Organizational Artistry LO12293
Fri, 31 Jan 1997 02:00:23 -0500 (EST)

Replying to LO12259 --

The poem I mentioned last night. . .and another poem I read this morning
before work, which I think is pertinent to LOs.

George Washington Doane

Chisel in hand stood a sculptor boy
WIth his marble block before him,
And his eyes lit up with a smile of joy,
As an angel-dream passed o'er him.

He carved the dream on that shapeless stone,
With many a sharp incision;
With heaven's own light the sculpture shone,--
He's caught that angel vision.

Children of life are we, as we stand
With our lives uncarved before us,
Waiting the hour when, at God's command,
Our life-dream shall pass o'er us.

If we carve it then on the yielding stone,
With many a sharp incision,
Its heavenly beauty shall be our own,--
Our lives, that angel-vision.

A LITTLE LEARNING (from The Essay on Criticism)
Alexander Pope

A little learning is a dang'rous thing;
Drink deep, or taste not the Pierian springs;
There shallow draughts intoxicate the brain,
And drinking largely sobers us again.
Fir'd at first sight with what the Muse imparts,
In fearless youth we tempt the heights of Arts,
While from the bounded level of our mind,
Short views we take, nor see the lengths behind;
But more advanc'd, behold with strange surprise
New distant scenes of endless science rise!

So pleas'd at first the tow'ring Alps we try,
Mount o'er the vales, and seem to tread the sky,
Th' eternal snows appear already past,
And the first clouds and mountains seem the last:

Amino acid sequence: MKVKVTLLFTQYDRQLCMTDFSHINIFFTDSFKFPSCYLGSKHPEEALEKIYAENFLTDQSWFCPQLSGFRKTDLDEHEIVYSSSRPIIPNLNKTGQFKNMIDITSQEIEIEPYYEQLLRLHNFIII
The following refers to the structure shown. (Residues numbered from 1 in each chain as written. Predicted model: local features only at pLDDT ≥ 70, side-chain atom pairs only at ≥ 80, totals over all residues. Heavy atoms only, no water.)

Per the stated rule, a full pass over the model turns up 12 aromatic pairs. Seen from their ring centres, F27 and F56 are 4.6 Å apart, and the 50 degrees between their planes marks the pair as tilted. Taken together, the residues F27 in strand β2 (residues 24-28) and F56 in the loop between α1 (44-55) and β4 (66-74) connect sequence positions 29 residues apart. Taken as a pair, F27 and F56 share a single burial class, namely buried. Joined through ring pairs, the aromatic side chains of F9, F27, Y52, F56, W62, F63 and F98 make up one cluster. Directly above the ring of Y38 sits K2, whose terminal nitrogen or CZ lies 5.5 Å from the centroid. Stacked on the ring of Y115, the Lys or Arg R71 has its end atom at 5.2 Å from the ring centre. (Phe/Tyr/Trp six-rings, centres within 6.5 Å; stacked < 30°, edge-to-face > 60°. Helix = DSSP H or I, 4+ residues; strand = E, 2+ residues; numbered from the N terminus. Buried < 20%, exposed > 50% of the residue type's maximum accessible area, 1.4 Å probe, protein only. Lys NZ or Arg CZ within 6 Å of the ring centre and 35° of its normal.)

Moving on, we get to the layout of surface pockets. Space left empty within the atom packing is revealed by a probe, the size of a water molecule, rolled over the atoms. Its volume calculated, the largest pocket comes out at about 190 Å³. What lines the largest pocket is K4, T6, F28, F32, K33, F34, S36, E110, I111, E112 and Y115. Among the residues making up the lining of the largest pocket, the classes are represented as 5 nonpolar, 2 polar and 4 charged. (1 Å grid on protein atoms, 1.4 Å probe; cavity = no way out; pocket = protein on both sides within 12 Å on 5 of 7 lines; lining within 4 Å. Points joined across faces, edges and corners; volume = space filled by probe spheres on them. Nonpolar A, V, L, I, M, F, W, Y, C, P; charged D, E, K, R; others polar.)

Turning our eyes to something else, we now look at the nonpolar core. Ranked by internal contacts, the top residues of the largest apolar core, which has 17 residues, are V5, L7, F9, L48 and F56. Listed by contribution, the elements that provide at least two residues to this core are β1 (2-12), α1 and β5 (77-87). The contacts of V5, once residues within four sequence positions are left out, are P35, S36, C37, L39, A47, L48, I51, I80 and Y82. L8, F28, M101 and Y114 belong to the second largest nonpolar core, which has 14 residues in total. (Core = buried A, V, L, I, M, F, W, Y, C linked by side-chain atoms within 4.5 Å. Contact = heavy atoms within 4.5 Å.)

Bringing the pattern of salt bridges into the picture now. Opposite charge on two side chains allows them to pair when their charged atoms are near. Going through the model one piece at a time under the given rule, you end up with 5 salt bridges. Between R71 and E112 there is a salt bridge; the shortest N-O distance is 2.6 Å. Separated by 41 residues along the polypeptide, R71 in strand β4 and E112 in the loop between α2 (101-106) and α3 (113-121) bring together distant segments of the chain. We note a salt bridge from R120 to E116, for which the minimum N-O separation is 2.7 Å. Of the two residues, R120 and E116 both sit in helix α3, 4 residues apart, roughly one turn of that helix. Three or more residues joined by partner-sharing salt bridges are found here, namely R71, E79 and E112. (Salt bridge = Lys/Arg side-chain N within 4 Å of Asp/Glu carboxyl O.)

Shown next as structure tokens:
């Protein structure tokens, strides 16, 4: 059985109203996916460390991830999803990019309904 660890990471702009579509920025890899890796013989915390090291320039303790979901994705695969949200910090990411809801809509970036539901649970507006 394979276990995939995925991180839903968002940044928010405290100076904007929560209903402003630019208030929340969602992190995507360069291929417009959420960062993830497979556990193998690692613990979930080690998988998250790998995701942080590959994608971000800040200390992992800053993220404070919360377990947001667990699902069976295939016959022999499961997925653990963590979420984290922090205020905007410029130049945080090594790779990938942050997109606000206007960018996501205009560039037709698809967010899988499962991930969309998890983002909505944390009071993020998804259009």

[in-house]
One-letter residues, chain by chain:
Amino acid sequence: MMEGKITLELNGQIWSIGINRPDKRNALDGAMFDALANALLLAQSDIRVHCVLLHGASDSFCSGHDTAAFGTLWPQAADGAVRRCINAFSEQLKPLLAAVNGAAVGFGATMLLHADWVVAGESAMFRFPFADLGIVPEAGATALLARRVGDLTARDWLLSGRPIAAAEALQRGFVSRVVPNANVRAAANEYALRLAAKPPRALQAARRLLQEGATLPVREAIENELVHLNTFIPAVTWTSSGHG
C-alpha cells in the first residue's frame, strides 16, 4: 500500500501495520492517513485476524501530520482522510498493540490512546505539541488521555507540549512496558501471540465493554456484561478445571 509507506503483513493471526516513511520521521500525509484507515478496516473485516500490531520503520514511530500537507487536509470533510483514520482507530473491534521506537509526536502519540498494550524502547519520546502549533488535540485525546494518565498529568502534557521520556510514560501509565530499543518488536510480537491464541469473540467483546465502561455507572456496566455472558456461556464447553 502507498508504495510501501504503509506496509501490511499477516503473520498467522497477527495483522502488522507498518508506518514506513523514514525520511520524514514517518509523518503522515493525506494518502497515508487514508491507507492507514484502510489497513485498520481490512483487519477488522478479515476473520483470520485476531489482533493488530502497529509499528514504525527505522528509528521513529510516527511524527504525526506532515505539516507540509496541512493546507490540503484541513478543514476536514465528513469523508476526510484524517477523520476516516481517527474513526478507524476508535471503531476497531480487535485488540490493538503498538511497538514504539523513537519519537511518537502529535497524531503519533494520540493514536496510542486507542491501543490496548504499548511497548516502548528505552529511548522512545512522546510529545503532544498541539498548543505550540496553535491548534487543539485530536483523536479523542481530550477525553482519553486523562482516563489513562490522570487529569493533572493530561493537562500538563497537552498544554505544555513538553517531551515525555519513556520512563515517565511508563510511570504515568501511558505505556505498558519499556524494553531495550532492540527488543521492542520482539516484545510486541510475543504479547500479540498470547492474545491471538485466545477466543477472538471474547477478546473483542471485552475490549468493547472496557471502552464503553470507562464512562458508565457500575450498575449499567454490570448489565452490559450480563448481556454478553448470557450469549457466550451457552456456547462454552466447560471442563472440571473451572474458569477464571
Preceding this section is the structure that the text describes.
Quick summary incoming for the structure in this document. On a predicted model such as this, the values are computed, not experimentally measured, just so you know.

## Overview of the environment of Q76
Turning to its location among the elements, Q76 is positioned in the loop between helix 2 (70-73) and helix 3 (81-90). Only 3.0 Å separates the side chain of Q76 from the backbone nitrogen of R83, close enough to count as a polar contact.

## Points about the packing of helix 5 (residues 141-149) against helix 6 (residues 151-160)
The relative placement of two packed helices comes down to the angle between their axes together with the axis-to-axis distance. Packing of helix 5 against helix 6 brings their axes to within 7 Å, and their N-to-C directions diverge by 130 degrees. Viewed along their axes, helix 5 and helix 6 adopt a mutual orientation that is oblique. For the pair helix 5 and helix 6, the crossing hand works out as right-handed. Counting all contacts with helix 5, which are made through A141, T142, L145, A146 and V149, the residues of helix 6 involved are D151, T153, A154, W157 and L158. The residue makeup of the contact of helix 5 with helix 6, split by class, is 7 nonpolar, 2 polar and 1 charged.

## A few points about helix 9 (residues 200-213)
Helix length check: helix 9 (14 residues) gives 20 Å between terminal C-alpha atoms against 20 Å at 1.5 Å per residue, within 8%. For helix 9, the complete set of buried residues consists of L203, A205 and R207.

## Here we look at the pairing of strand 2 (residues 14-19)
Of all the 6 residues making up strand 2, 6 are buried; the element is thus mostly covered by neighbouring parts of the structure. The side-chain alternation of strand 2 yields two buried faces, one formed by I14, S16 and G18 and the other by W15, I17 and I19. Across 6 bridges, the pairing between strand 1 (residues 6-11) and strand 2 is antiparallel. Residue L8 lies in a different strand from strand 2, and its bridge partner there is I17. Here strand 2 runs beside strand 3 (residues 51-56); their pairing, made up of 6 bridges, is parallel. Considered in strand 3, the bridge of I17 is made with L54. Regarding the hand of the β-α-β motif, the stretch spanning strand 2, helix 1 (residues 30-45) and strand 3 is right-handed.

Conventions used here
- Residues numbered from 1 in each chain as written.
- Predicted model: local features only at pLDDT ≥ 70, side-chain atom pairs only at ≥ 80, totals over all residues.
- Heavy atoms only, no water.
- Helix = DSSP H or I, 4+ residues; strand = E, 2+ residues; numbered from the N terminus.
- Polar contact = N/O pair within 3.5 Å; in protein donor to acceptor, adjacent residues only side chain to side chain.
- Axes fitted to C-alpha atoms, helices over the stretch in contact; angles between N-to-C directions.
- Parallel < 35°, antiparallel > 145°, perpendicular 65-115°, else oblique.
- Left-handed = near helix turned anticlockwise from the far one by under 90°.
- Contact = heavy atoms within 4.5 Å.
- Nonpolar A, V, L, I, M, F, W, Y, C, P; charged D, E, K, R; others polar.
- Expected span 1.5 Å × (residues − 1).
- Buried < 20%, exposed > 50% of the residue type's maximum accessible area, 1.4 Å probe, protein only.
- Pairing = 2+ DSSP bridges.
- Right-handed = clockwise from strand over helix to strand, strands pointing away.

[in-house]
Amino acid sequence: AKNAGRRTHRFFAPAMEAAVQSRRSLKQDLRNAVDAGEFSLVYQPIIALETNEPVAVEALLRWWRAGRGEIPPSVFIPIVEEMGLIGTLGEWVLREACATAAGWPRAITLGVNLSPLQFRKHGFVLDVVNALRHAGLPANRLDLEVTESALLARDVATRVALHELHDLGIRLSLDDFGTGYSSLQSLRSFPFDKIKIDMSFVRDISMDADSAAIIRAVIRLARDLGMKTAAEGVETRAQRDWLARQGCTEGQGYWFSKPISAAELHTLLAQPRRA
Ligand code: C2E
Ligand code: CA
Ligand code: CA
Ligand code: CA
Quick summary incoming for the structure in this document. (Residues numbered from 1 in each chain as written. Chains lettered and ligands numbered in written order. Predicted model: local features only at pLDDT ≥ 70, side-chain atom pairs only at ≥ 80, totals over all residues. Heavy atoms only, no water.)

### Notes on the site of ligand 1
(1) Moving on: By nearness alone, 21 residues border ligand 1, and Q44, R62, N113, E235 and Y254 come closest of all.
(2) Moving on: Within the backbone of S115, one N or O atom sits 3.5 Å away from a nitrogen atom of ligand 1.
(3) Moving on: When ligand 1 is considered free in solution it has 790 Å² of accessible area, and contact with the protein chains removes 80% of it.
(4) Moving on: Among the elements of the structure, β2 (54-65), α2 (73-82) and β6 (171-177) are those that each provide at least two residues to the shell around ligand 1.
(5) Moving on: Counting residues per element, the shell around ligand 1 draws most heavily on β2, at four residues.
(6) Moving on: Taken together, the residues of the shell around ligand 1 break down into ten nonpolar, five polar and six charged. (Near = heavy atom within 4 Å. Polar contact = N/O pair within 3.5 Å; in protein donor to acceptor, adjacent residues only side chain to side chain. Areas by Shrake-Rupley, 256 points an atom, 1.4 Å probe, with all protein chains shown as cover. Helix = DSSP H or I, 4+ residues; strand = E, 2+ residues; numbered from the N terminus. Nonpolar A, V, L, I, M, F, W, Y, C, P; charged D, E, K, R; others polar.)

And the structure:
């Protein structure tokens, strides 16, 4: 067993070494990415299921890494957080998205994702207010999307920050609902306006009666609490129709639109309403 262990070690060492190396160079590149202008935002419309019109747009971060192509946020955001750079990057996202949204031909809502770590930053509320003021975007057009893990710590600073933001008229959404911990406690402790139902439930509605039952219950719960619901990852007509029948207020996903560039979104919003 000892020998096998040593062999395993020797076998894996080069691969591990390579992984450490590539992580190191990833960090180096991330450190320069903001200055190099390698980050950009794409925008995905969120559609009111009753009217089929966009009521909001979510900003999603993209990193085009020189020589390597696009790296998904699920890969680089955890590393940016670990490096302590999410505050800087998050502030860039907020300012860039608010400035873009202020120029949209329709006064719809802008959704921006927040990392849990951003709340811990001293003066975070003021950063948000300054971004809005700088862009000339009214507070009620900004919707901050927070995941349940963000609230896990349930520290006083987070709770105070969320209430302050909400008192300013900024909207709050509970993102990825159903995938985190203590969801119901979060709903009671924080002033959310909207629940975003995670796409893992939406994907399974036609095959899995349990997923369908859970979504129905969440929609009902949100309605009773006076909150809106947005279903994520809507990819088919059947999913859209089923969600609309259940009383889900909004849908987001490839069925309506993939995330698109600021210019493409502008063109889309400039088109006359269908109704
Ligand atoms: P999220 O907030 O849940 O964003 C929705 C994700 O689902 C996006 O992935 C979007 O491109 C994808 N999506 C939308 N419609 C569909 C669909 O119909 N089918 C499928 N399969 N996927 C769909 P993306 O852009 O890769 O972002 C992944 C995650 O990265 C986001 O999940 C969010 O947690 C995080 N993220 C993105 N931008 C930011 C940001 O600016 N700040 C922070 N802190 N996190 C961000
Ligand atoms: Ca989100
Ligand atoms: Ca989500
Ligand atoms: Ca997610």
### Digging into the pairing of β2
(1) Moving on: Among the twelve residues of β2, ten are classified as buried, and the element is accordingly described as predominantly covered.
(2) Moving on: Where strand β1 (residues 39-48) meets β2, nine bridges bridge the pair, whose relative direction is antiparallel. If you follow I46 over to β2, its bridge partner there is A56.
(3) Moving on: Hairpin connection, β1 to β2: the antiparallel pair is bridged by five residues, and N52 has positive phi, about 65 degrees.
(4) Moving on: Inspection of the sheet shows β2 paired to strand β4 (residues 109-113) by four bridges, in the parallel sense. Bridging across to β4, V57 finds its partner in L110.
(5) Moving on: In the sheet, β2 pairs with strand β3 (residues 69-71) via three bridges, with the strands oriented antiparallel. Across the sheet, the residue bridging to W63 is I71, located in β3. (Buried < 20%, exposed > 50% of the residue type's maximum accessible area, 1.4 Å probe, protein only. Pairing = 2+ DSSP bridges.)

But, those attain'd, we tremble to survey
The growing labors of the lengthen'd way,
Th' increasing prospect tires our wand'ring eyes.
Hills peep o'er hills, and Alps on Alps arise!

A perfect Judge will read each work of Wit
With the same spirit that its author writ:
Survey the Whole, nor seek slight faults to find
Where nature moves, and rapture warms the mind;
Nor lose, for the malignant dull delight,
The gen'rous pleasure to be charm'd with with.
But in such lays neither ebb nor flow,
Correctly cold, and regularly low,
That shunning faults, one quiet tenour keep;
We cannot blame indeed--but we may sleep.
In Wit, as Nature, what affects our hearts
Is not th' exactness of peculair parts;
'Tis not a lip, or eye, we beauty call,
But the joint force and full result of all.
Thus when we view some well-proportion'd dome
(The world's just wonder, and ev'n thin, O Rome!)
No single parts unequally surprise,
All comes united to th' admiring eyes;
No monstrous heigh, or breadth, or length appear;
The Whole at once is bold, and regular.


Benjamin B. Compton

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